There was a time when bounce rate and average time on page were “nice to know” metrics. They showed up in your website analytics, but you probably paid far less attention to them than other SEO data points.
Times, they are a’changin’. Bounce rate and average time on page have valuable information to share with regard to website performance and user experience — and B2B marketers and web designers building and maintaining sites are paying close attention.
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What Do Bounce Rate and Average Time On Page Mean?
Hubspot’s definition of bounce rate is, “the percentage of people who land on a page on your website and then leave without clicking on anything else or navigating to any other pages on your site.” In practice, bounces look like this: Someone finds one of your blogs on a search engine results page (SERP), clicks through, reads the article, and then exits your site without visiting any other pages.
Average time on page is exactly as the name suggests — the average amount of time visitors spend on a particular page — and it reveals if they are actually reading your content. For instance, if the average time on page for a lengthy blog post is only 10 seconds, it’s safe to assume that most visitors aren’t actually reading the post.
What Are Good Numbers For Bounce Rate and Average Time On Page?
Many factors influence bounce rate and average time on page, such as what kind of traffic your site is attracting and the SEO that’s been done.
The page type and the content it contains are also factors. If the page is largely informational without many links to other parts of your site, then a high bounce rate and low average time on page may not be too alarming. The opposite should hold true if the page is, for example, mainly a directory of links to your products and services.
Mobile devices. You're probably among the 81% of adults in the U.S. who own a smartphone and know how difficult it can be to do extensive research on a small screen. People are likely to bounce sooner when using a mobile device rather than a computer or tablet.
Popular blog posts. Blogs with high SERP rankings and social media shares attract a lot of traffic that want answers to specific questions. Once they’ve found those answers, most people bounce to other sites for additional perspectives.
Some pages are more in-depth than others. A disproportionate amount of time may be spent on different pages, for various reasons. For example, pages with a single CTA are likely to have a much higher bounce rate than those offering multiple CTAs, links, and other similar in-depth content. Your landing pages should have very low bounce rates, since ideally visitors would be getting there from a CTA on your site, and taking another action on the page, such as filling out the form.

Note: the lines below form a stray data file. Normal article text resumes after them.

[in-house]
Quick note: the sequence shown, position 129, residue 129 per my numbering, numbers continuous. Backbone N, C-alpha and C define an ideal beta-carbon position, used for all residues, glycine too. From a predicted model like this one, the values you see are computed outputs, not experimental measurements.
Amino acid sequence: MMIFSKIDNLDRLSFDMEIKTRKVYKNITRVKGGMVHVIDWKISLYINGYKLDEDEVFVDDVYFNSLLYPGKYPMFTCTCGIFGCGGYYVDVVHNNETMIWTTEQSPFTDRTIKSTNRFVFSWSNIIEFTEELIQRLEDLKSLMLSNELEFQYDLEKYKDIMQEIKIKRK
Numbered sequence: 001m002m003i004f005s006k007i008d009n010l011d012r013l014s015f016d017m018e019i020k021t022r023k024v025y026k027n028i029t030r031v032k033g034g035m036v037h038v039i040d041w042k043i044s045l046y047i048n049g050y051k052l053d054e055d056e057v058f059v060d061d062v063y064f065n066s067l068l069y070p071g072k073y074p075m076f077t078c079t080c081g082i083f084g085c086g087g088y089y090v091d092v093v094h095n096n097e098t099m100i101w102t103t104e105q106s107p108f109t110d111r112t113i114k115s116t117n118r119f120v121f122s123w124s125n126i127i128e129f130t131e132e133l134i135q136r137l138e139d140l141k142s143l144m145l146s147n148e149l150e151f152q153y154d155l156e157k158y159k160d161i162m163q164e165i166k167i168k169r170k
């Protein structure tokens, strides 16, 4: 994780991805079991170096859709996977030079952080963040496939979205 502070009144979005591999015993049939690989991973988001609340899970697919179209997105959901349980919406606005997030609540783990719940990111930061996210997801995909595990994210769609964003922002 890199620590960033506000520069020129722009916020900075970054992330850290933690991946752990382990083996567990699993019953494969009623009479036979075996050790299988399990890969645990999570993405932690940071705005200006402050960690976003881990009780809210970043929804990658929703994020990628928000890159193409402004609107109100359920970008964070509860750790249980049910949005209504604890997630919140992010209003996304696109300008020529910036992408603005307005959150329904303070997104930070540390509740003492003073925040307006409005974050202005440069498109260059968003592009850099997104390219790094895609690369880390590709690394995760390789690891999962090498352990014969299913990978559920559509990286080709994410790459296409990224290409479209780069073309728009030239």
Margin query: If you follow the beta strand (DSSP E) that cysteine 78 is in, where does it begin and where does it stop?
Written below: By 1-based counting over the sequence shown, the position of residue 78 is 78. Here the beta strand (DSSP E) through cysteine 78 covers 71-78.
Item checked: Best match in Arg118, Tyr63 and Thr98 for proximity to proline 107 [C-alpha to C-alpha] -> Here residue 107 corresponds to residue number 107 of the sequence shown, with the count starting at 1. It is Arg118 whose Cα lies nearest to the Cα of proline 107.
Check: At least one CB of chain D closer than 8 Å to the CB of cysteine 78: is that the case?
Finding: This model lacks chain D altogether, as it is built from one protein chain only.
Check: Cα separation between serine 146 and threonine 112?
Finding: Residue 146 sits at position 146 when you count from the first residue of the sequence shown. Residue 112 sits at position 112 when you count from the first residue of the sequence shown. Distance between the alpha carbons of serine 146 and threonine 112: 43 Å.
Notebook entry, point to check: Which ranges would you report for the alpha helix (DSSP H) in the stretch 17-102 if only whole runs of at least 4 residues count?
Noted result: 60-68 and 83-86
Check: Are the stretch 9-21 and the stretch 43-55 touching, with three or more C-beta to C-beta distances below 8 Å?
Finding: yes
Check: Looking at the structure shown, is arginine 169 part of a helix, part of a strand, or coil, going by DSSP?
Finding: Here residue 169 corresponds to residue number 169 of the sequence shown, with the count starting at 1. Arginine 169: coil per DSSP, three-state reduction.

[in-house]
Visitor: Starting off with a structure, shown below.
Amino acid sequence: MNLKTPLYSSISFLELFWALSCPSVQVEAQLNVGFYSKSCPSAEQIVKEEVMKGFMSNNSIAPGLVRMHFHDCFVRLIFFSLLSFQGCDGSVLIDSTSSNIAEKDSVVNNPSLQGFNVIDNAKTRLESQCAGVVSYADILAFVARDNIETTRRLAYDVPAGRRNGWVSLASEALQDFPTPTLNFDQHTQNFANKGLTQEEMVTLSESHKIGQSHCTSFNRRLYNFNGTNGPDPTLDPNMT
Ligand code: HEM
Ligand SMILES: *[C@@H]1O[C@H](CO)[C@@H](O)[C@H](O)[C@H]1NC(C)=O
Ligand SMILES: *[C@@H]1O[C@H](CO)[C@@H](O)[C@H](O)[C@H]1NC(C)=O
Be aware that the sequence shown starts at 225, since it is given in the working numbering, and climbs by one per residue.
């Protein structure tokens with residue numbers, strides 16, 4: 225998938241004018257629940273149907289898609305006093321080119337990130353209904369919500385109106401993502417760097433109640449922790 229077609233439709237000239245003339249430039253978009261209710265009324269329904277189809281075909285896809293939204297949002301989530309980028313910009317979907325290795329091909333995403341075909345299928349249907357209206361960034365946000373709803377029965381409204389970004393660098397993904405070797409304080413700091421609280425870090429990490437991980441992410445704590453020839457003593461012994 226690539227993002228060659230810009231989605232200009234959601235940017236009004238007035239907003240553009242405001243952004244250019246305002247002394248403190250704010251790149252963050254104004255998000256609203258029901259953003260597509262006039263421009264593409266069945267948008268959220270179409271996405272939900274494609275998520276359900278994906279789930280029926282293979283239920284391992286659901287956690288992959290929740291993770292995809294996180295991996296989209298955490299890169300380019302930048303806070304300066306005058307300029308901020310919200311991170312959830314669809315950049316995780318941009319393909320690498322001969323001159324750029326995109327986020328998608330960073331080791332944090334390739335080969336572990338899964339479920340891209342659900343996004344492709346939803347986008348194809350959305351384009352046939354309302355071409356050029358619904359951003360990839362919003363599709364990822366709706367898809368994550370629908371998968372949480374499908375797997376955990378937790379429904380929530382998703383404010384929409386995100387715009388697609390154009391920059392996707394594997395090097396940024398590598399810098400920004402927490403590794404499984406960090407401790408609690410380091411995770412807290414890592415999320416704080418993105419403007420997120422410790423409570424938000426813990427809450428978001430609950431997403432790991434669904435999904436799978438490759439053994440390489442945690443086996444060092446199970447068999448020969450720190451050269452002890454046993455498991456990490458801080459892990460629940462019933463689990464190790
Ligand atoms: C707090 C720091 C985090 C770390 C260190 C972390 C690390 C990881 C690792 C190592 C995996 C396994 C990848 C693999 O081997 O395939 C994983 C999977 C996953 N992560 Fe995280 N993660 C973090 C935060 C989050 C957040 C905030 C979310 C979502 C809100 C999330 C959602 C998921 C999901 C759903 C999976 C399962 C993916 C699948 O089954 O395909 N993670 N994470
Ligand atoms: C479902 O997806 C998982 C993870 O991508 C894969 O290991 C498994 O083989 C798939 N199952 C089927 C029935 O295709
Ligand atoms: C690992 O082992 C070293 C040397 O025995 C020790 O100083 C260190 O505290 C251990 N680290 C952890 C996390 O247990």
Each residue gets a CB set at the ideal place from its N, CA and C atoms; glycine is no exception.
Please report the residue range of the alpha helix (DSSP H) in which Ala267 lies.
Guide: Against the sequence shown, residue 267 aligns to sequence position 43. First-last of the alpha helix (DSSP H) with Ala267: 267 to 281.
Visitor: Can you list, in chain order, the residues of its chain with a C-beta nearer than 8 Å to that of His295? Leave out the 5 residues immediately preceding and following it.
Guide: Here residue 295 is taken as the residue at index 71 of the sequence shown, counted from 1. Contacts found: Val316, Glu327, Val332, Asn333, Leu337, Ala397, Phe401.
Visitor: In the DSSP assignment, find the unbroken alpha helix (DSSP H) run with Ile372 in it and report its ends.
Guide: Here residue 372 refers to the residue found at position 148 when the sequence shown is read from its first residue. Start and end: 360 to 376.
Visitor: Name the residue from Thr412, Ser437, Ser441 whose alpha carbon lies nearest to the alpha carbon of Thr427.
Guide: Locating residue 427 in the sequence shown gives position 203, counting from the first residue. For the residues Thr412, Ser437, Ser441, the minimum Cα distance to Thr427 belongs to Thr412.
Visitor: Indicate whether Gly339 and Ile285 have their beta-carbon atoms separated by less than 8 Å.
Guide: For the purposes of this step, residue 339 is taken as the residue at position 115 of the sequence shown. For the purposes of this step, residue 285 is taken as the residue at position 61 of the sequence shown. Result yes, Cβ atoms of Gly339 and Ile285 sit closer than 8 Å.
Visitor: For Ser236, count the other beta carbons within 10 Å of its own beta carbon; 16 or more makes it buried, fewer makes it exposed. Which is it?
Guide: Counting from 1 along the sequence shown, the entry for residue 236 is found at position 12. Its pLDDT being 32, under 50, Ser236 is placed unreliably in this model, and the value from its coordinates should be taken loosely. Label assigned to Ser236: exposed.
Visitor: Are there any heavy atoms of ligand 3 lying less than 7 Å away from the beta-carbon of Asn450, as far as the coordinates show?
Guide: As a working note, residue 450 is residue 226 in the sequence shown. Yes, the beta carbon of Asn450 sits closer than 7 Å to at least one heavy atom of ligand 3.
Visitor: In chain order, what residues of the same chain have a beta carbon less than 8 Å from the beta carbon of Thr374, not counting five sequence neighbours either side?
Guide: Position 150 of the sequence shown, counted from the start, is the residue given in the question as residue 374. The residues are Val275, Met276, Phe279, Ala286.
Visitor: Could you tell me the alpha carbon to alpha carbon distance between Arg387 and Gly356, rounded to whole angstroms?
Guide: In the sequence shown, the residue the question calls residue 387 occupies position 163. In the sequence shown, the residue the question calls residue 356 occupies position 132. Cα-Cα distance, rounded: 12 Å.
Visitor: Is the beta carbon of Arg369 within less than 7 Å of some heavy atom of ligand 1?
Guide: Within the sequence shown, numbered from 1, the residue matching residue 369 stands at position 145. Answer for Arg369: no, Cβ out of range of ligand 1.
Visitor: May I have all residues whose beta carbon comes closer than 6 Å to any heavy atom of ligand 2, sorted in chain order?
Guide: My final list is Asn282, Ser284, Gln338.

Structural issues. If your bounce rate exceeds 70%, look at your pages from a visitor’s perspective. Where is the user experience failing? Are there any obvious errors like 404 pages or content that doesn’t align with meta descriptions?
My Metrics are Horrible! What Do I Do?
Don’t panic, but do investigate how you can remedy a high bounce rate and/or low average time on page:
Check your site’s page-load speed. If you have a ton of large, high-resolution images, pages may take too long to load. People are impatient and will abandon pages with excessive load times.
Make sure site navigation and page links are user-friendly. Your main site navigation menu should appear on every page except landing pages, and each page should link to related articles/content so users can dig deeper into your site, no matter what page they first enter through.
Review for SEO. Use proper keywords, page meta descriptions and titles throughout your site.
Provide engaging (and relevant) content. It will help you see the largest improvements because visitors will be more likely to read what you have to offer. It’s great to generate a large number of visitors, but if they aren’t sticking around, you’re missing opportunities to convert them to leads.
(More) Best Practices to Improve Bounce Rate
Use short paragraphs and section headings to keep text easily digestible.
Don’t use pop-ups, they’re annoying. If you can’t help yourself, make them exit intent pop-ups. They appear when a visitor’s cursor moves outside the upper page boundary (indicating their potential exit from the site), and are far less likely to cause bounce.
Improving your website's bounce rate and average time on page will ultimately improve your SEO. Check out our SEO Survival Guide for even more ways to improve your SERP rankings and website performance.
Posted by Jonathan Stanis An engineer by training, Jon focuses on the technical delivery of an effective inbound marketing program. He builds client website plans that solve for conversion potential and utilize smart user experiences. He is also responsible for analyzing and monitoring the success of inbound projects. Jon fits the definition of being a "whole brain marketer" because he is both a strong writer-designer and a deeply analytical thinker.